When you should start prenatal vitamins

When to Start Taking Prenatal Vitamins (Spoiler: It's Earlier Than You Think)

It’s natural to associate prenatal vitamins with pregnancy specifically: After all, experts and government organizations like the American College of Obstetricians and Gynecologists (ACOG) and the CDC recommend taking a prenatal to support your health and baby’s growth through each trimester. But what you might not realize is that ideally, you should actually start your prenatal vitamin routine several months before pregnancy.

Many of the nutrients in prenatal vitamins are particularly important for early pregnancy—there are certain development milestones that happen during those critical first few weeks, before you might even realize that you’re pregnant. That’s why preparing your body sooner rather than later is a good idea.

Below, let’s get into the details of when you should start taking a prenatal vitamin—and why it’s important for a healthy pregnancy. 

First, why is it important to take prenatal vitamins?

Your nutritional needs during pregnancy are heightened—and meeting them is essential to support both your health and baby’s development. Nutrients like folate, iron, calcium, vitamin D, omega-3 fatty acids, B vitamins, and vitamin C are of particular importance—we’ll get into why below. It’s important to know that meeting your nutrient needs through diet alone isn’t always possible for a variety of reasons, which is why experts recommend supplementing with prenatal vitamins.

When should I start taking prenatal vitamins?

Many women don’t start taking prenatal vitamins until after they find out they’re pregnant—but ideally, you’ll incorporate them into your routine much earlier than that, so that your nutrient levels are covered when you do conceive.

Dr. Banafsheh Bayati, MD, OB/GYN, FACOG, and our medical co-founder, recommends starting to prepare your body for pregnancy as early as 6 months before you’re ready to conceive. That includes taking steps like making a plan with your doctor to address any imbalances, prioritizing a healthy diet, and yes—starting a prenatal vitamin routine.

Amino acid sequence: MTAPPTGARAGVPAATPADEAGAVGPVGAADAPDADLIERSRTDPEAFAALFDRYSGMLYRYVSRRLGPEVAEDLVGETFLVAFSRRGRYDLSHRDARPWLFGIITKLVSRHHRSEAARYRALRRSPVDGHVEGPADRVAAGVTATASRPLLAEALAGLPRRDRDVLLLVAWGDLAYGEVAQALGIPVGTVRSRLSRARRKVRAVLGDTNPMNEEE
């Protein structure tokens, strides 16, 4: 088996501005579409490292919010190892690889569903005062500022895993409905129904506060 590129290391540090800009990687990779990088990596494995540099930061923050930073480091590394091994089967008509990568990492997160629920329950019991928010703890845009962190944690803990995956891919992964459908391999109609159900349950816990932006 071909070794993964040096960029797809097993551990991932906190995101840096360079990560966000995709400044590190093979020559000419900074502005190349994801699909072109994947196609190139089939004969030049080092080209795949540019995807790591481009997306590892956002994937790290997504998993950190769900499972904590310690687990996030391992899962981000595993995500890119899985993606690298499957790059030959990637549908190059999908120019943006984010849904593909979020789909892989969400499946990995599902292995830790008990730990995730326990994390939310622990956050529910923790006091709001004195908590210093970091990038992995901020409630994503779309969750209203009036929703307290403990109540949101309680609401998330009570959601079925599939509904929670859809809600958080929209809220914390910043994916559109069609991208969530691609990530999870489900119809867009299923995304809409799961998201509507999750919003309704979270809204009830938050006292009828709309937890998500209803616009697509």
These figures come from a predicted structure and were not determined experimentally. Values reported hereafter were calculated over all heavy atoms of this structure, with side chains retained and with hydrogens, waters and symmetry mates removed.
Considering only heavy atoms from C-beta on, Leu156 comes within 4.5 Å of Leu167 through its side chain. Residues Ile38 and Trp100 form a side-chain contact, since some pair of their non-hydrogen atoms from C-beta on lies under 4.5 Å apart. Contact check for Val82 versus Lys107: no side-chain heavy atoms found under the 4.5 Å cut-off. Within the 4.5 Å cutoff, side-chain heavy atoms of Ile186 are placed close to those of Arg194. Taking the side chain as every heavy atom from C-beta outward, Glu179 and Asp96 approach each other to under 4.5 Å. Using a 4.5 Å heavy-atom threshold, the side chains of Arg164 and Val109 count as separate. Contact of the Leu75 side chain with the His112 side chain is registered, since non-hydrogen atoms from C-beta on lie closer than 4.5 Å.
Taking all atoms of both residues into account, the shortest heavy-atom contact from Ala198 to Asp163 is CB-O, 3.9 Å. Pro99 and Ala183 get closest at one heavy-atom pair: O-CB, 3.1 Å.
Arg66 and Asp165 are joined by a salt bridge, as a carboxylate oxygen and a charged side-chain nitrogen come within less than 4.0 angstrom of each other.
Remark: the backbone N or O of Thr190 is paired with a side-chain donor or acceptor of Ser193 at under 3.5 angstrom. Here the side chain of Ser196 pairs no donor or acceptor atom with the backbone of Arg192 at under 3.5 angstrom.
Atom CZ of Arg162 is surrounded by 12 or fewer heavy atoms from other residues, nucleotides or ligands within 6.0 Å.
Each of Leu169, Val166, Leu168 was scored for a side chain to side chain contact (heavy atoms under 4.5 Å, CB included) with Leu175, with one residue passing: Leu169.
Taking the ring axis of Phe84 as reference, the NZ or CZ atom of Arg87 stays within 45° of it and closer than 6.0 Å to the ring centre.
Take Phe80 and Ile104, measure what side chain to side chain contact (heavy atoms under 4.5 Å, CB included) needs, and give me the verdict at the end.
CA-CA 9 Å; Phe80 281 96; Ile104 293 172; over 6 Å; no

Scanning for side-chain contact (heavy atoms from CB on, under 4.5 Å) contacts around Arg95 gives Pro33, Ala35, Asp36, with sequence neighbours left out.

“Even if a woman has an excellent diet, it’s still critical that she optimize minerals, such as iron, and vitamin levels prior to becoming pregnant,” says Dr. Bayati. “Starting three to six months before a desired pregnancy with a folate-based prenatal that contains adequate amounts of vitamin D and omega-3 DHA is a great way to optimize her health and the health of the baby, and protect against birth defects.” 

Better yet, you’ll opt for prenatal vitamins that were made specifically for pre-pregnancy— like our Conception Support Pack,* which was formulated by leading fertility doctors to support egg health, healthy ovulation, and early pregnancy nutrition.*

What should I look for in a prenatal vitamin?

Not all prenatal vitamins are created equal—while there are countless options on the market, zeroing in on things like nutrient content, ingredient quality, and even the way they’re tailored to your exact stage of pre-pregnancy or pregnancy can make all the difference in getting optimal nutrition for both you and baby. In other words, now is not the time to compromise.

Our medical panel recommends considering the following checklist when shopping for prenatal vitamins:

  1. Nutrient content. Your prenatal multivitamins should contain a lineup of nutrients that have been deemed essential for your nutrition and baby’s development during this time. There are 11 key nutrients in particular that our doctors have labeled as necessary, according to dietary guidelines and the latest clinical research:

    • Folate, which is absolutely critical during early pregnancy for healthy neural, heart, and face development, and for supporting the prevention of certain birth defects like spina bifida. Many prenatal vitamins use folic acid, the synthetic form of folate—but up to 60 percent of women have a genetic variation that prevents them from properly processing folic acid. We only use methylated folate, the more active form of this B vitamin in our prenatals for this reason.1

    • Iron—our iron requirements increase significantly during pregnancy to support the growth and development of the fetus and placenta (as well as the increased demands for blood cells to transport oxygen). Not meeting these demands can make pregnant women more susceptible to anemia.2